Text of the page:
Margaret Atwood’s Apocalypses
Margaret Atwood’s Apocalypses features essays by established and new Atwood scholars on Atwood’s poetry, The Handmaid’s Tale, and the famous MaddAddam trilogy. Readers will encounter ways to trace the theme of apocalypse through decades of Atwood’s work, and lenses through which to view various fictional apocalypses, including disability studies, theology, and ecofeminism.
Karma Waltonen asked people to join her for a weekly meeting of the “Margaret Atwood Book Club” in 2005, to help with her dissertation: “Reading Margaret Atwood in Theory and Practice: Active Reading, Witnessing, and Community”. When the project was completed, they wanted to keep coming, to keep reading, although they have to read some non-Atwood now and again. She is the former President of the Margaret Atwood Society, and is the current editor of Margaret Atwood Studies. She teaches a variety of writing courses in the University Writing Program at the University of California—Davis, in addition to courses on graphic novels, science and literature, writing and performing stand-up comedy, and The Simpsons. She co-authored The Simpsons in the Classroom: Embiggening the Learning Experience with the Wisdom of Springfield in 2010. Recent publications include articles on time travel in Star Trek, the ethics of religious cults in Doctor Who, and, of course, Margaret Atwood.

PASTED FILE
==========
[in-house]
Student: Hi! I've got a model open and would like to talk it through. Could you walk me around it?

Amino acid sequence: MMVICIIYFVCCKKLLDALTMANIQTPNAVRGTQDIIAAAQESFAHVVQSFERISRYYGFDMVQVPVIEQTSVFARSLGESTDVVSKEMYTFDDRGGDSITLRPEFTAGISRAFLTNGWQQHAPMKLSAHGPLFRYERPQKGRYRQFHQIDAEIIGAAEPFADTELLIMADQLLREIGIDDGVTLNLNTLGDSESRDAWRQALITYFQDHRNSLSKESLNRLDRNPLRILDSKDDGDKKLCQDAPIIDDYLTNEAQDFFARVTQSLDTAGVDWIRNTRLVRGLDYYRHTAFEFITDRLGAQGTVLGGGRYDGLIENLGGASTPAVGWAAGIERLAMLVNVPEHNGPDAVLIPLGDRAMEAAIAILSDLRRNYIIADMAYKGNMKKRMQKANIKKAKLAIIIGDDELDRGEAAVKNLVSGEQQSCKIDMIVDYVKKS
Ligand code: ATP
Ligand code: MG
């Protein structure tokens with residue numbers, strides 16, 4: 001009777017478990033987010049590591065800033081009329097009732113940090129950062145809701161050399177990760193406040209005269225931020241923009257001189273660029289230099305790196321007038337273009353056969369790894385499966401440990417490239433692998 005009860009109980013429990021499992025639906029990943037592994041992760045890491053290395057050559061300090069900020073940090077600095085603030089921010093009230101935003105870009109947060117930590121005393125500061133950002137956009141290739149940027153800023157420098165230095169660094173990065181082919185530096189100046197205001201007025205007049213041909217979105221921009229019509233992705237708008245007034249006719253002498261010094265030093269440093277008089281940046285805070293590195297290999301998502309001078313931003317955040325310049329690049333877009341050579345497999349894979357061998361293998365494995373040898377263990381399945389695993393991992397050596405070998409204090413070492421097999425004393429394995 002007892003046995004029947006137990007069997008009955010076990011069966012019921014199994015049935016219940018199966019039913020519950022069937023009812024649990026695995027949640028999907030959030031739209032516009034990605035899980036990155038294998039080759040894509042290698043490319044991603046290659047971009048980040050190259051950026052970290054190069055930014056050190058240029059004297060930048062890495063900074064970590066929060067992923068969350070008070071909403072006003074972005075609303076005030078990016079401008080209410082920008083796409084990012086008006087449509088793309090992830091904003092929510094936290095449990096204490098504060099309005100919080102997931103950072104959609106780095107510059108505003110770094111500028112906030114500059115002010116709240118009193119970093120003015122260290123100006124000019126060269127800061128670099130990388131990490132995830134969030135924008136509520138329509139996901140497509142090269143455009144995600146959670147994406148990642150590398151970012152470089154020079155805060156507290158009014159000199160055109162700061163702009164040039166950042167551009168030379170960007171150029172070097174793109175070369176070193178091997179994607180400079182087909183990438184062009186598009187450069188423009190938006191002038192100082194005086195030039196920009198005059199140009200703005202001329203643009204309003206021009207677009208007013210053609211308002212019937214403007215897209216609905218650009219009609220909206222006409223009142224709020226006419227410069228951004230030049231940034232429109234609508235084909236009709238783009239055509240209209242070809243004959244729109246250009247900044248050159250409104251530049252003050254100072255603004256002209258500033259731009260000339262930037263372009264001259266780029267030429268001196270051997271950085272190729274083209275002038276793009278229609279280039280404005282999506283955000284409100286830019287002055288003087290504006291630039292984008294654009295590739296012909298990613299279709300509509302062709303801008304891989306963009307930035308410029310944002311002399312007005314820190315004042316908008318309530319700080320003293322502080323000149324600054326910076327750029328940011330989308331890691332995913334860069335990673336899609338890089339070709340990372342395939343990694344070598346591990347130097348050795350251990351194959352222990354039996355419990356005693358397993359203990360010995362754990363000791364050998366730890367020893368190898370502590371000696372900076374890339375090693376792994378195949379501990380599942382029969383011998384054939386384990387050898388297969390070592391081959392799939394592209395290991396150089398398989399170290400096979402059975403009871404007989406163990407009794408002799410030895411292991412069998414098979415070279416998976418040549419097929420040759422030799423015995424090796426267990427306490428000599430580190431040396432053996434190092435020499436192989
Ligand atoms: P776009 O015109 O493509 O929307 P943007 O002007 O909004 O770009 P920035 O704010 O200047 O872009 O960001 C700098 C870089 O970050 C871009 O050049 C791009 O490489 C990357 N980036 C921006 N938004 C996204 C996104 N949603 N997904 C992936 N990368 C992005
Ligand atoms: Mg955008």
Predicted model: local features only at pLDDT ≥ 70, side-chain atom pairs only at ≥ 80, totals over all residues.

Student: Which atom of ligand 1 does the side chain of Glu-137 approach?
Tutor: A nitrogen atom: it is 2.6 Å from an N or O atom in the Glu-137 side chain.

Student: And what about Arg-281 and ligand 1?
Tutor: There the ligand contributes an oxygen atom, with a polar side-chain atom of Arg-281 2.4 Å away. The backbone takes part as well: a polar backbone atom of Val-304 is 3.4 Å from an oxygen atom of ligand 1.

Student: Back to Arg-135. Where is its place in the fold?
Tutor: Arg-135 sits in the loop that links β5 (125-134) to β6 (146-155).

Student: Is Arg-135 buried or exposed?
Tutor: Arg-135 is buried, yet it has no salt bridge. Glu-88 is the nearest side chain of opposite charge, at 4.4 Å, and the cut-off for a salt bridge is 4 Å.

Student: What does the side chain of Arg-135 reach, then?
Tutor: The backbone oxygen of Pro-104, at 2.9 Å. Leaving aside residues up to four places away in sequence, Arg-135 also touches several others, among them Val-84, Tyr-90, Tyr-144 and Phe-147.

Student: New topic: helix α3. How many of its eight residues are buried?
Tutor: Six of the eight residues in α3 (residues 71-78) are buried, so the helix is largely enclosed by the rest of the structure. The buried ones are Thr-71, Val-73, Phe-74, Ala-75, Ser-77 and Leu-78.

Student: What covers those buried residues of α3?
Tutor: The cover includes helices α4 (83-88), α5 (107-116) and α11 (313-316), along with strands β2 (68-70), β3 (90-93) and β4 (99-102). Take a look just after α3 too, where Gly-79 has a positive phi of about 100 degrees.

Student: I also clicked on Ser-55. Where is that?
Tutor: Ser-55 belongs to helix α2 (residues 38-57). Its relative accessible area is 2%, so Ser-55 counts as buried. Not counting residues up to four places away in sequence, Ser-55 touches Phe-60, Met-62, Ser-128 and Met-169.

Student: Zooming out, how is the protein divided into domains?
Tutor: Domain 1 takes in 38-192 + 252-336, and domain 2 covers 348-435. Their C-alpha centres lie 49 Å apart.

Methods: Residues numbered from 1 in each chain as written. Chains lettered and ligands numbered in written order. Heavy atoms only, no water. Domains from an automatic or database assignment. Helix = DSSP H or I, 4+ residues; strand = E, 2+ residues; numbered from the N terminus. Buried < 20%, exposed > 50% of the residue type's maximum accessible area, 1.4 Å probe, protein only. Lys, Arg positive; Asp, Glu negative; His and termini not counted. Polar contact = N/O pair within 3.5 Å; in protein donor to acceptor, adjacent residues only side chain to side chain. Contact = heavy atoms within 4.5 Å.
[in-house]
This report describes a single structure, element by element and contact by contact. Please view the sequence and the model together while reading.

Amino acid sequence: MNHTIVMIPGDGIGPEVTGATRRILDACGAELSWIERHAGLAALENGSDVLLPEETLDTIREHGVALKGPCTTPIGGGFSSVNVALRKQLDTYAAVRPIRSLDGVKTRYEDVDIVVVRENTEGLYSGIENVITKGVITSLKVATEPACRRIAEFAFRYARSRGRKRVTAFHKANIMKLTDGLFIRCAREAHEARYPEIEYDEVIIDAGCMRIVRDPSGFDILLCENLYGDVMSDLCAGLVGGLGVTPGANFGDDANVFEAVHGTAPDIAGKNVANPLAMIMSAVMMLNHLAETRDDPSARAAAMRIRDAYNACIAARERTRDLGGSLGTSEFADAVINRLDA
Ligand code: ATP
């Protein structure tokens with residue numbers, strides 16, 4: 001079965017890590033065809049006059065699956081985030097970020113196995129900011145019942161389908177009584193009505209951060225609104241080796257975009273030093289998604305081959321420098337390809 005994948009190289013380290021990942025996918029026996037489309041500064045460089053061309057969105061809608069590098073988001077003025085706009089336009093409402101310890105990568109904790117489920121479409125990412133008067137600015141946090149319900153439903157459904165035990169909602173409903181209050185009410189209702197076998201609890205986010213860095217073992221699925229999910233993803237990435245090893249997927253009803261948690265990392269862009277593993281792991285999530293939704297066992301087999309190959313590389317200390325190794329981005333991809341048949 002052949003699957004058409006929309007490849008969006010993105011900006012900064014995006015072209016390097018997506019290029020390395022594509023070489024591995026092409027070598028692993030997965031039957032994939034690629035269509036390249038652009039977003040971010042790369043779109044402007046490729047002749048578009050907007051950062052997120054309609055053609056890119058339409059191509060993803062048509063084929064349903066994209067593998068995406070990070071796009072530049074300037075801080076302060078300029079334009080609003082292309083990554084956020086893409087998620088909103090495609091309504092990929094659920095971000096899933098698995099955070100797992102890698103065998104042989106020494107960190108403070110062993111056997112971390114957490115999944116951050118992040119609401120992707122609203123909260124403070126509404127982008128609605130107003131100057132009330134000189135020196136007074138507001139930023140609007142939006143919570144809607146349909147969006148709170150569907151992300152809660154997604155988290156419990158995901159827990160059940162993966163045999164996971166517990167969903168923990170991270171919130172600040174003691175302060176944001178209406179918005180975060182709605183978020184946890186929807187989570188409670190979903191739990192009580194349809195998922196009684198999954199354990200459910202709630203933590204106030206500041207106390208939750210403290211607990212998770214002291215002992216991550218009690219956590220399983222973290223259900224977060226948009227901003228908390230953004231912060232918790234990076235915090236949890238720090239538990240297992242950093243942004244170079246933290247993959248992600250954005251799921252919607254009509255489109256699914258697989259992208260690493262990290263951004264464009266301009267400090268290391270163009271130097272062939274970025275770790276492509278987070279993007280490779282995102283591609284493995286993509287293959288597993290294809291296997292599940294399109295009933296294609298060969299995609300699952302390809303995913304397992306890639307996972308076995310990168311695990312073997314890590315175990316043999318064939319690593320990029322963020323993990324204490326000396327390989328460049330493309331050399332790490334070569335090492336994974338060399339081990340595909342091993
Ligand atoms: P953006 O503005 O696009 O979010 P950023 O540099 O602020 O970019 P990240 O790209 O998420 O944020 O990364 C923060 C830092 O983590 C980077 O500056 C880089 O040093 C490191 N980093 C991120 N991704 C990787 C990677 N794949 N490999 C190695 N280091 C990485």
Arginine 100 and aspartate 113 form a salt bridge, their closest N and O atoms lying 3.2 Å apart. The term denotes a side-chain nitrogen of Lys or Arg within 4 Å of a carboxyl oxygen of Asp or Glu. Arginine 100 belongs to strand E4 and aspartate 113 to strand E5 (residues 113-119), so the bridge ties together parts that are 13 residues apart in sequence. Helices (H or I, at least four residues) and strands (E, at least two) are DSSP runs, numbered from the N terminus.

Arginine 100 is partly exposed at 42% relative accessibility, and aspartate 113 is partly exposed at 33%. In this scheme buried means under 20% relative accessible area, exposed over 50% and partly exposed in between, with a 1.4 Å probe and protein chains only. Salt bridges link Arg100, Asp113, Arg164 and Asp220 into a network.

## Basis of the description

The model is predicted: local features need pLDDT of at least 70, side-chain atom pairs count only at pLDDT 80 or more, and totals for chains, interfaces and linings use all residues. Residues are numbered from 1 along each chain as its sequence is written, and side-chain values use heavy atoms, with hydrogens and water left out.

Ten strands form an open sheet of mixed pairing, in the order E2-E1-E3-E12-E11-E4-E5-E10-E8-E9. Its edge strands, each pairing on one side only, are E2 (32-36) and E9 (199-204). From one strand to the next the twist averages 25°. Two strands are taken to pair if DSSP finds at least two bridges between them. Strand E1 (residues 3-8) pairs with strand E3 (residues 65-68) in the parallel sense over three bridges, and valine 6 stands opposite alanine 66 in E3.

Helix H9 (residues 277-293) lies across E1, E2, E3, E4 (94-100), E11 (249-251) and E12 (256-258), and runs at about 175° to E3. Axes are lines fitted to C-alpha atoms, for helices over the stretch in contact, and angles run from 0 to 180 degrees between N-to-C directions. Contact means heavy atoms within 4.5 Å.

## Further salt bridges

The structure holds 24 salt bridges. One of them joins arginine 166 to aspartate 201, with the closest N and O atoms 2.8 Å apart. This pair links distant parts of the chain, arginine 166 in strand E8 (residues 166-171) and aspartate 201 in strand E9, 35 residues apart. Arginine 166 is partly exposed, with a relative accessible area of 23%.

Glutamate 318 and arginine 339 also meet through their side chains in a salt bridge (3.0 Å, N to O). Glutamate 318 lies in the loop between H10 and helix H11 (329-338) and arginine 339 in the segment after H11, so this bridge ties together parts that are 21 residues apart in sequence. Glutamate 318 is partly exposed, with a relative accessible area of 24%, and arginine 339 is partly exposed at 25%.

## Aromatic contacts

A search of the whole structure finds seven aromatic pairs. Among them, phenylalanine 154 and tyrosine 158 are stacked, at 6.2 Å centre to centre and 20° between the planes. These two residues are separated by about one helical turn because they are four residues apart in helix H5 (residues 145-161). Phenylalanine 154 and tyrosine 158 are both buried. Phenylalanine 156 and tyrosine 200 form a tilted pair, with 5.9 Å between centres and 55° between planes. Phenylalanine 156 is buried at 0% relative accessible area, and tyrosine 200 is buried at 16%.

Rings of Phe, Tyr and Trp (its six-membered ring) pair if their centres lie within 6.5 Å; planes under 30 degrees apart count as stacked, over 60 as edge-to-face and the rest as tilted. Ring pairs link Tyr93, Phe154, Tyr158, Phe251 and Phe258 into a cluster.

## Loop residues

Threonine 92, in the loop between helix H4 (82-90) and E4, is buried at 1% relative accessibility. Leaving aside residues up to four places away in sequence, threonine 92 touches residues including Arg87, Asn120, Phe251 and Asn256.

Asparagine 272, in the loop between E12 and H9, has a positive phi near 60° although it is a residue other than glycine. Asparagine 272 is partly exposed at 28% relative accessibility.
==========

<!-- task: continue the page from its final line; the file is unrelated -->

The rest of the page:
“The apocalyptical is very clearly Atwood’s crucial twenty-first century theme, and the essays in this collection cohere in intelligently exploring both how Atwood is articulating it now and how Atwood’s vision arrived at this very frightening point. The Waltonen collection will, then, be often cited, for it deftly probes the very topic that Atwood quite rightly wants her readers to consider thoughtfully.”
Theodore F. Sheckels, President, Margaret Atwood Society
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